Physical activity is an important contributor to health, and engaging in regular physical activity can decrease the risk for numerous adverse health outcomes, including hypertension, diabetes, heart disease and some cancers.[8, 9] Physical activity also is an important factor in achieving a healthy weight and maintaining it over time. In 2008 the U.S. Department of Health and Human Services (HHS) recommended that young people aged 6–17 years participate in at least 60 minutes of physical activity daily. In its 2012 report, HHS recommended that programs in school settings should be included as a key component of strategies to increase physical activity and address childhood obesity. However, in 2014, only 27 percent of high school students surveyed had participated in at least 60 minutes of physical activity per day during the week before the survey, and only 30 percent attended physical education class daily while in school.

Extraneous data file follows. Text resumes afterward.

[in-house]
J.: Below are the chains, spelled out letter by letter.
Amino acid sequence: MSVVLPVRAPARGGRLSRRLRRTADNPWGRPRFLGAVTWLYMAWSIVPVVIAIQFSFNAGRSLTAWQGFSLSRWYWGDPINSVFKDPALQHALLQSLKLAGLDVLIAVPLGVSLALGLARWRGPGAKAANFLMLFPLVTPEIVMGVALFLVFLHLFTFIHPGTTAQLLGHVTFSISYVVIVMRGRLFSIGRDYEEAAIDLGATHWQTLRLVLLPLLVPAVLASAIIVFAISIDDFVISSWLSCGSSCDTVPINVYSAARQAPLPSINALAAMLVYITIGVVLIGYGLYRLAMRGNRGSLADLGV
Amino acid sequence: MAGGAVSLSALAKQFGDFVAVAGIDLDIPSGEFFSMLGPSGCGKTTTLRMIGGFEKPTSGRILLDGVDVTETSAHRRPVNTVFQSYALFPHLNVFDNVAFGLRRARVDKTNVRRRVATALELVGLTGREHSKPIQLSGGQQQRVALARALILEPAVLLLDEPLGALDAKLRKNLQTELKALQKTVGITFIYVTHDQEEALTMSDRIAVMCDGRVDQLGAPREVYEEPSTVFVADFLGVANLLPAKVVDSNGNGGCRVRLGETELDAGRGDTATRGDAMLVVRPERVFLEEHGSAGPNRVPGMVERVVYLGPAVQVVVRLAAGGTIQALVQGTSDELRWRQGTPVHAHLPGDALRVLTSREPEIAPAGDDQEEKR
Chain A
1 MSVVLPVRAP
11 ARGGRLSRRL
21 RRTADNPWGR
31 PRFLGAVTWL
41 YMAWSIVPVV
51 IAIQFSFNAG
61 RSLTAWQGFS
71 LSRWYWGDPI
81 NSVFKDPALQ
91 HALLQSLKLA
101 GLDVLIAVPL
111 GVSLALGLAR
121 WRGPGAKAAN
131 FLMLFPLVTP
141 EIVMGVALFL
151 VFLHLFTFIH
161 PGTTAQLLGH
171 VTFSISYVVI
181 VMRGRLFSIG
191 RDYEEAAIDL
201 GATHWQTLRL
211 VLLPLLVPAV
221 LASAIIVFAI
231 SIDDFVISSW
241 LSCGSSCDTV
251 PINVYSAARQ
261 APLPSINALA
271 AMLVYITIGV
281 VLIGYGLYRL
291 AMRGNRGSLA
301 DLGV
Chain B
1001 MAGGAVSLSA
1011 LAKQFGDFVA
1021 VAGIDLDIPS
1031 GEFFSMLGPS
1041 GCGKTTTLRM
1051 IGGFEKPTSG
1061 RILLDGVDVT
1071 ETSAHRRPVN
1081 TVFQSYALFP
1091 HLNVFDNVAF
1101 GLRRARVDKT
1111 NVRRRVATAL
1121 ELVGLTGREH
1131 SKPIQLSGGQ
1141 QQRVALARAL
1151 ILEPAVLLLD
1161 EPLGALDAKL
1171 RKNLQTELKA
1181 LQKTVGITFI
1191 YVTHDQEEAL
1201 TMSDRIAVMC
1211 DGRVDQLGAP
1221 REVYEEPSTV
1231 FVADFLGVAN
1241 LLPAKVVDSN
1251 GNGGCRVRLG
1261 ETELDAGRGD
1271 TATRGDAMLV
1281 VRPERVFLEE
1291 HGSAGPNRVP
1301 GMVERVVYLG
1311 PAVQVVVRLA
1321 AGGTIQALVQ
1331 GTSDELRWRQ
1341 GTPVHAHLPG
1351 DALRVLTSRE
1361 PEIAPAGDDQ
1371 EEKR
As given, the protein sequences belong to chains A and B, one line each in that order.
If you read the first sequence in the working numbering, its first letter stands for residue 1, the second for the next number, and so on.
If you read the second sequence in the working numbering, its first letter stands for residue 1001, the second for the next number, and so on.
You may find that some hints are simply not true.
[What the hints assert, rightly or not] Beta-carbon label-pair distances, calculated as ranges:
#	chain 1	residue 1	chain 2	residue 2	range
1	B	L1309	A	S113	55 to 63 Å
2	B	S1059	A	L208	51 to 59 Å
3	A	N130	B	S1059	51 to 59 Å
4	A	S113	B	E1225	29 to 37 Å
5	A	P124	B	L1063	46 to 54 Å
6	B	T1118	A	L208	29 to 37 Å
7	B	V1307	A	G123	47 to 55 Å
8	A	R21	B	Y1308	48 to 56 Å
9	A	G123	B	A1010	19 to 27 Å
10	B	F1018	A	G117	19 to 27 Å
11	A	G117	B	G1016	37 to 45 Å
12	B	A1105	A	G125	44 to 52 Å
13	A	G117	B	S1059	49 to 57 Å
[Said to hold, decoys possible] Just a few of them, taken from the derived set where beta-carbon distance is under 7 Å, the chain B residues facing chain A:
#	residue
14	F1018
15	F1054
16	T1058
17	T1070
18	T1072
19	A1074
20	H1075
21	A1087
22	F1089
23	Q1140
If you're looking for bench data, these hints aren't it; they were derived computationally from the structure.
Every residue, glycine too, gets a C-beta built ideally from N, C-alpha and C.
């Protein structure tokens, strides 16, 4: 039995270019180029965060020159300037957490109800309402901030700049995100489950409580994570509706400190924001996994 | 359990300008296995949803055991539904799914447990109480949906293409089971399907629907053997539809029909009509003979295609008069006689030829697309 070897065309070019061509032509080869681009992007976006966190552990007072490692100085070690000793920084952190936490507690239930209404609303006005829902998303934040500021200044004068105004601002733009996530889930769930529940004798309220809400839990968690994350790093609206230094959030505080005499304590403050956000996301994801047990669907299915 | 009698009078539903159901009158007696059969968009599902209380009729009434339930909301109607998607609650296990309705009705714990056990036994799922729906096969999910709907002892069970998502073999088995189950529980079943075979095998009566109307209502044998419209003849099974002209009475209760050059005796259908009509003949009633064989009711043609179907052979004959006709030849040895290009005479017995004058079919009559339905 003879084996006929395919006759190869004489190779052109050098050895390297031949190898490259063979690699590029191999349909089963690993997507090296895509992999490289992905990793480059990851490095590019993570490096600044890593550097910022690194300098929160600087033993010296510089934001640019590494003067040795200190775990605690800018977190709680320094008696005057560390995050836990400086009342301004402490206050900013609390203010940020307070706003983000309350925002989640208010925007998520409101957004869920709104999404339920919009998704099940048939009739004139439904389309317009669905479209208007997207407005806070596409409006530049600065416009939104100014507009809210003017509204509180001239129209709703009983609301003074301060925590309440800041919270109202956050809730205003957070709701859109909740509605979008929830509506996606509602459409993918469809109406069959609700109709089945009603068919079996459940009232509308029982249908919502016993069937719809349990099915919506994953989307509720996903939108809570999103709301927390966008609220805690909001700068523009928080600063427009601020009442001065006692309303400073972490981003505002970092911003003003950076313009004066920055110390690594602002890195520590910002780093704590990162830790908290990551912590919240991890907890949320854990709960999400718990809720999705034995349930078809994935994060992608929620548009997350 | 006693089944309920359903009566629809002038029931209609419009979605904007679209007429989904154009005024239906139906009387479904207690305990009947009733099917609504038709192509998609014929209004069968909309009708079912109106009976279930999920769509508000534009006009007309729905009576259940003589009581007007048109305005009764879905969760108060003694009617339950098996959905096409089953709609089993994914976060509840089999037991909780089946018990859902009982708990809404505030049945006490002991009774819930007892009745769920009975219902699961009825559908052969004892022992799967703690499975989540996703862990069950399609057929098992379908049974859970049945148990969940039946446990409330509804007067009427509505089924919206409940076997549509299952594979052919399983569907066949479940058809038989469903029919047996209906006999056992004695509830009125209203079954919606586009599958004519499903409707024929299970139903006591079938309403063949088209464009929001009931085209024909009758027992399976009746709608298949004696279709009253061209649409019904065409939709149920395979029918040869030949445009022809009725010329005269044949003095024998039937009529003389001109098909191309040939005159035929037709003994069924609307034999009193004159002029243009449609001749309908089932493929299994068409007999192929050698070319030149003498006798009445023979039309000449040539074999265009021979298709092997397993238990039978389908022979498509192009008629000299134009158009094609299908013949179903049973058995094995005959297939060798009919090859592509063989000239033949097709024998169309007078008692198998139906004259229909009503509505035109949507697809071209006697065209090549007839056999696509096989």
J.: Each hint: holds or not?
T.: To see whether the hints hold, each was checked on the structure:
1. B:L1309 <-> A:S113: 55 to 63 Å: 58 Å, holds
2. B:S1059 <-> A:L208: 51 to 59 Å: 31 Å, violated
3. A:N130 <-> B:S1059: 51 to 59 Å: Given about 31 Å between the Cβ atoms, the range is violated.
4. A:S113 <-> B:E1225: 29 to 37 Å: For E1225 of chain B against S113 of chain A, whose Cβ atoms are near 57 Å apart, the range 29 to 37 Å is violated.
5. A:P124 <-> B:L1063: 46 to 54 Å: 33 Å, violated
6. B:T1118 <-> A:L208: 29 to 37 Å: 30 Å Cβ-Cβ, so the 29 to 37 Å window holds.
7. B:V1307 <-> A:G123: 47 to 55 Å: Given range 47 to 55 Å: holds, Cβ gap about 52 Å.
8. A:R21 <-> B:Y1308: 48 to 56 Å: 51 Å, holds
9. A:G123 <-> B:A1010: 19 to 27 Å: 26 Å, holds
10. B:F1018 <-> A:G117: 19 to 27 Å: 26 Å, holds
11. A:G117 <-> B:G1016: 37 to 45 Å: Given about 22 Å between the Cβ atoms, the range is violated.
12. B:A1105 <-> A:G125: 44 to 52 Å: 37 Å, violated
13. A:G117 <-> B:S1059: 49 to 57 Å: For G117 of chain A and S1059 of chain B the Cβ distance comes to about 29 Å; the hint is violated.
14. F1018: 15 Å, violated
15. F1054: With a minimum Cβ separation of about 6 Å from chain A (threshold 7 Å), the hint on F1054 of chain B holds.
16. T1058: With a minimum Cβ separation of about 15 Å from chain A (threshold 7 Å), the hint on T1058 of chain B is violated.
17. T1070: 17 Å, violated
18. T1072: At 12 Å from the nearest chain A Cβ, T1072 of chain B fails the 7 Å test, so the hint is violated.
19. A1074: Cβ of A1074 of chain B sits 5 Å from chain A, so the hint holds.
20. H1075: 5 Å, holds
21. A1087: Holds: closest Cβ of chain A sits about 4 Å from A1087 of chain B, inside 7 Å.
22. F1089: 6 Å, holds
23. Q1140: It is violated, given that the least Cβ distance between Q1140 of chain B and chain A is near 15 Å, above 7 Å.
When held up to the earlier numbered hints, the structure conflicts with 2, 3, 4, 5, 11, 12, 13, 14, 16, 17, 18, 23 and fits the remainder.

What is the evidence of health impact and cost effectiveness?
Multiple systematic reviews of school-based programs to increase physical activity have found that these interventions are associated with increased physical activity among students.[1, 12-14] Reviews also found evidence that these interventions are associated with positive effects on BMI and obesity prevention .
A 2015 benefit-cost analysis by the Washington State Institute for Public Policy (WSIPP) on school-based programs to increase physical activity found that they were associated with a positive benefit to cost ratio. The WSIPP analysis estimated that elementary or middle school programs that added additional physical activity to the school day for students could result in a benefits to cost ratio of approximately $33:1 (in 2015 dollars) over time. These benefits were calculated from decreased health care costs due to reductions in obesity and increased labor market earnings due to the positive impact of physical activity on academic achievement.